According to Iza, prior to introducing Arbinger, Outfit7 employees tended to focus solely on their own tasks and didn’t think about how their work was affecting others. However, now that working with an outward mindset is the norm across the company, employees regularly look for opportunities to help their colleagues.
Rok Zorko, Outfit7’s vice president of product development, is a case in point. According to Rok, he would typically brush off what he deemed as “obscure requests coming from obscure departments,” and would assume that whatever he was doing had to be more important than what others were asking of him. Now, according to Rok, “I don’t see it that way anymore. I recognize that these people obviously want to get something done, something valuable for the company. Maybe it’s not as important as I think my work is, but it’s obviously important to them so I’ll go the extra mile today—I’ll do it. The time that I was previously using to get upset about it is usually the time that it takes to get it done.”
Outfit7’s employees are also discovering that when they help their colleagues, their colleagues are more likely to help them in return. As a result, the company has developed a culture in which people are not afraid to ask for help. According to Iza, “People are more effective, people are more responsible. What we have learned through Arbinger good for them as well as for the company.” This was echoed by Igor Lautar, vice president of technology, who believes that the company is achieving results more efficiently and, as a result, is accomplishing more.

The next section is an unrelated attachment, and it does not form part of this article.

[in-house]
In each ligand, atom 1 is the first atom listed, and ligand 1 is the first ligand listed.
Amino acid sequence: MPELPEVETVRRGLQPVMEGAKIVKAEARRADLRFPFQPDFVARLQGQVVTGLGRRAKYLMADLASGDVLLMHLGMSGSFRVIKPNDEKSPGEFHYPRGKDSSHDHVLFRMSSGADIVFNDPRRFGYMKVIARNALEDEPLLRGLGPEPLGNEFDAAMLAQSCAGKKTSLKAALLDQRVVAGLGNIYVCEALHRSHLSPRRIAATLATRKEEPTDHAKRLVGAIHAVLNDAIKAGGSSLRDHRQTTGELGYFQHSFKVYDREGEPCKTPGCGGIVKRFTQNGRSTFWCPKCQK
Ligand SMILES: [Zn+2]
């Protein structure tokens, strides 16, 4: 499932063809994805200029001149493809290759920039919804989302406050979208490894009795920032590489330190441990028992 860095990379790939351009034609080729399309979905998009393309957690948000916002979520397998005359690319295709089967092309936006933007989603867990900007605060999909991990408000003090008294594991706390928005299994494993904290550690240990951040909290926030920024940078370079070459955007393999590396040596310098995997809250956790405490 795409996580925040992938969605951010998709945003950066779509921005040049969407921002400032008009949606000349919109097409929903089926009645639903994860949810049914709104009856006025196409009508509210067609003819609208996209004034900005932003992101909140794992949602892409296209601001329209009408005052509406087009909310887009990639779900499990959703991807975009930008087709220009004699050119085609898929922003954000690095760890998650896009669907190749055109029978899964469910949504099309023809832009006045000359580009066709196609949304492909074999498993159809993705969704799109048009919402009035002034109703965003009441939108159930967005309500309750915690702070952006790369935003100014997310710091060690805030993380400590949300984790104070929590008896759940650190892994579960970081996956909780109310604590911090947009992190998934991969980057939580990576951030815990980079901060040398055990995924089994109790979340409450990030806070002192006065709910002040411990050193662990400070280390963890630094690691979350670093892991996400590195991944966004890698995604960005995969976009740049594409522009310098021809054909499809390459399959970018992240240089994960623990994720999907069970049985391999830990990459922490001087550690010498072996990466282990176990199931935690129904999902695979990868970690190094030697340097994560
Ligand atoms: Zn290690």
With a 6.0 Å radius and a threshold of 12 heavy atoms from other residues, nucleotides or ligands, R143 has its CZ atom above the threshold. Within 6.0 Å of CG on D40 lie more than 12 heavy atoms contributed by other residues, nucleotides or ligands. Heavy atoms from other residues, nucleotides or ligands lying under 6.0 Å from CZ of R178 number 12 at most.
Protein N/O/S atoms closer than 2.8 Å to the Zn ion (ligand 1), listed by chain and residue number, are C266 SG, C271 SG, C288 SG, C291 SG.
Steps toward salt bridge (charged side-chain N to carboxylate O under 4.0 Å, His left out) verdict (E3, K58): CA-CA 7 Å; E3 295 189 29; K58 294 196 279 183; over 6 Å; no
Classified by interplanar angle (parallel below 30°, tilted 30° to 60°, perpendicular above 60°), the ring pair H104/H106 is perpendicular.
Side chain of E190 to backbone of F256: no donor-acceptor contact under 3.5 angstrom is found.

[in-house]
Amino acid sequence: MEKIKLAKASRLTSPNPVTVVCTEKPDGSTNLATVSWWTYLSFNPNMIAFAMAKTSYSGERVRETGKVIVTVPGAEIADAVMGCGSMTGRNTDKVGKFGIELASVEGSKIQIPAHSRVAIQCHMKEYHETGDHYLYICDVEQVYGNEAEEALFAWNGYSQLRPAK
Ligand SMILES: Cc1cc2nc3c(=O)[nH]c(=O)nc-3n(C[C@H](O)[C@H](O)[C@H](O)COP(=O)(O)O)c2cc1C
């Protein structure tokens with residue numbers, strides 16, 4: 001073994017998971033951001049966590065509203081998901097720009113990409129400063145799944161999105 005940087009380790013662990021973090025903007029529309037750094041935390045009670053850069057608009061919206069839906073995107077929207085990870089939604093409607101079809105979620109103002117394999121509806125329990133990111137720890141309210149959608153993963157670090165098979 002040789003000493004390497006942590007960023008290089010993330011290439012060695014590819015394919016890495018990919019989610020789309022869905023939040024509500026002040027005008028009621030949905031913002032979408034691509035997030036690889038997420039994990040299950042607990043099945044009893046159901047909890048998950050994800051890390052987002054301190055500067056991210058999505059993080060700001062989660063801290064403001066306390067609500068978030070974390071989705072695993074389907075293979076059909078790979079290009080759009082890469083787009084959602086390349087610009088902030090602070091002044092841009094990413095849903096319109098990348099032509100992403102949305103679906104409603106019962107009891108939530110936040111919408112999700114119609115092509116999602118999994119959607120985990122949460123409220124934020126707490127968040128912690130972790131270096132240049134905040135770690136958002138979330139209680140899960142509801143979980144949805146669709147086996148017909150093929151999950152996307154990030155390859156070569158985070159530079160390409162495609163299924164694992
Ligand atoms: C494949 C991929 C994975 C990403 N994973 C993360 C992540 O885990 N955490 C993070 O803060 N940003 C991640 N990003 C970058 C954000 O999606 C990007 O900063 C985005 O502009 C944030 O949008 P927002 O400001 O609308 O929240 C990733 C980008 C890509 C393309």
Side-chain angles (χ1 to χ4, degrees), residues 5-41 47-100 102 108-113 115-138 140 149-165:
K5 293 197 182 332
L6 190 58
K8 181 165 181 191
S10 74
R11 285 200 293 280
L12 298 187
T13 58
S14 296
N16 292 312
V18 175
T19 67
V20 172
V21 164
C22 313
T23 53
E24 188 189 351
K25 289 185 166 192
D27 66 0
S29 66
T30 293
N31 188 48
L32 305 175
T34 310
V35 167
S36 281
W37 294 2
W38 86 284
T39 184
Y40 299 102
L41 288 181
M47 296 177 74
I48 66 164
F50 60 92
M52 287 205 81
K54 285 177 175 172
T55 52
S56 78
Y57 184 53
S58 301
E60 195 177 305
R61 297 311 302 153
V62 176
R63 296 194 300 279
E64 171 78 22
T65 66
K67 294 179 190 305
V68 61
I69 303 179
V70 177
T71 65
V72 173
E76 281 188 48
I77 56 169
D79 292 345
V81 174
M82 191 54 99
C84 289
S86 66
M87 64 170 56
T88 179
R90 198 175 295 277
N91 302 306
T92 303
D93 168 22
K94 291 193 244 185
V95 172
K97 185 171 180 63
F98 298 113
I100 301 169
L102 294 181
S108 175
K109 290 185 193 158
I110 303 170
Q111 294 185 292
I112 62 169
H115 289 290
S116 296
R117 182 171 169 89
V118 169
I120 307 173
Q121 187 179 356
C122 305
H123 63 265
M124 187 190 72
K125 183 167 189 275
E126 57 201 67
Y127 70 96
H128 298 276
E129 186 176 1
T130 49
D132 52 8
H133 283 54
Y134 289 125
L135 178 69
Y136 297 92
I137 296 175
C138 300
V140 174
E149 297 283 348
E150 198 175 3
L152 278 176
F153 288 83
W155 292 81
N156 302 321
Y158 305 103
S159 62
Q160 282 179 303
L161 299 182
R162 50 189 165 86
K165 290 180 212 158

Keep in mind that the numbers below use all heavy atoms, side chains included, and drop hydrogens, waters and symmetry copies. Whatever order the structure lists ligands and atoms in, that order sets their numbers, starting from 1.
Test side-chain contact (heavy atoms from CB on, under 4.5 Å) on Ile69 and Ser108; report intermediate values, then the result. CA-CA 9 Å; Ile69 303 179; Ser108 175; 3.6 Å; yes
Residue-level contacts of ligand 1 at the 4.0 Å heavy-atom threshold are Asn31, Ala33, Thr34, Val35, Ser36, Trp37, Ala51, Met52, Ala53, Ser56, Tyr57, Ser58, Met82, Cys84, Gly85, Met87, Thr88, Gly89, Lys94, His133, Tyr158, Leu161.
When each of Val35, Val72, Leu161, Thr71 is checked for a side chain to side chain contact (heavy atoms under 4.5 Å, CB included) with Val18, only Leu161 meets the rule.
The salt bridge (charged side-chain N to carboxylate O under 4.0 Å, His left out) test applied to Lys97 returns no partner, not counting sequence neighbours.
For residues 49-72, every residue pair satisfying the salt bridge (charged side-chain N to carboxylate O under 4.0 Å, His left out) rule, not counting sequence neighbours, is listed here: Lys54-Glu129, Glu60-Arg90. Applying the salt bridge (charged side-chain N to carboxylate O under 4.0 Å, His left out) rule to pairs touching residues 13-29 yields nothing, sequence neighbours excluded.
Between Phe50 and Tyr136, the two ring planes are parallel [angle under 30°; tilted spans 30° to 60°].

This accelerated collaboration has allowed Outfit7 to strengthen its culture even as its workforce has more than doubled since Arbinger started working with the company. The business results have been spectacular as well. By October 2015, 2.5 years after Outfit7 started applying the Arbinger approach, Outfit7’s Talking Friends had generated over 3 billion app downloads, were attracting more than 250 million active users each month, and were generating more than 3.5 billion views of its videos on YouTube. Outfit7 believes this change in how they work is permanent. As Rok says about the Arbinger approach, “Once you have this knowledge, you can’t ‘unthink’ it.”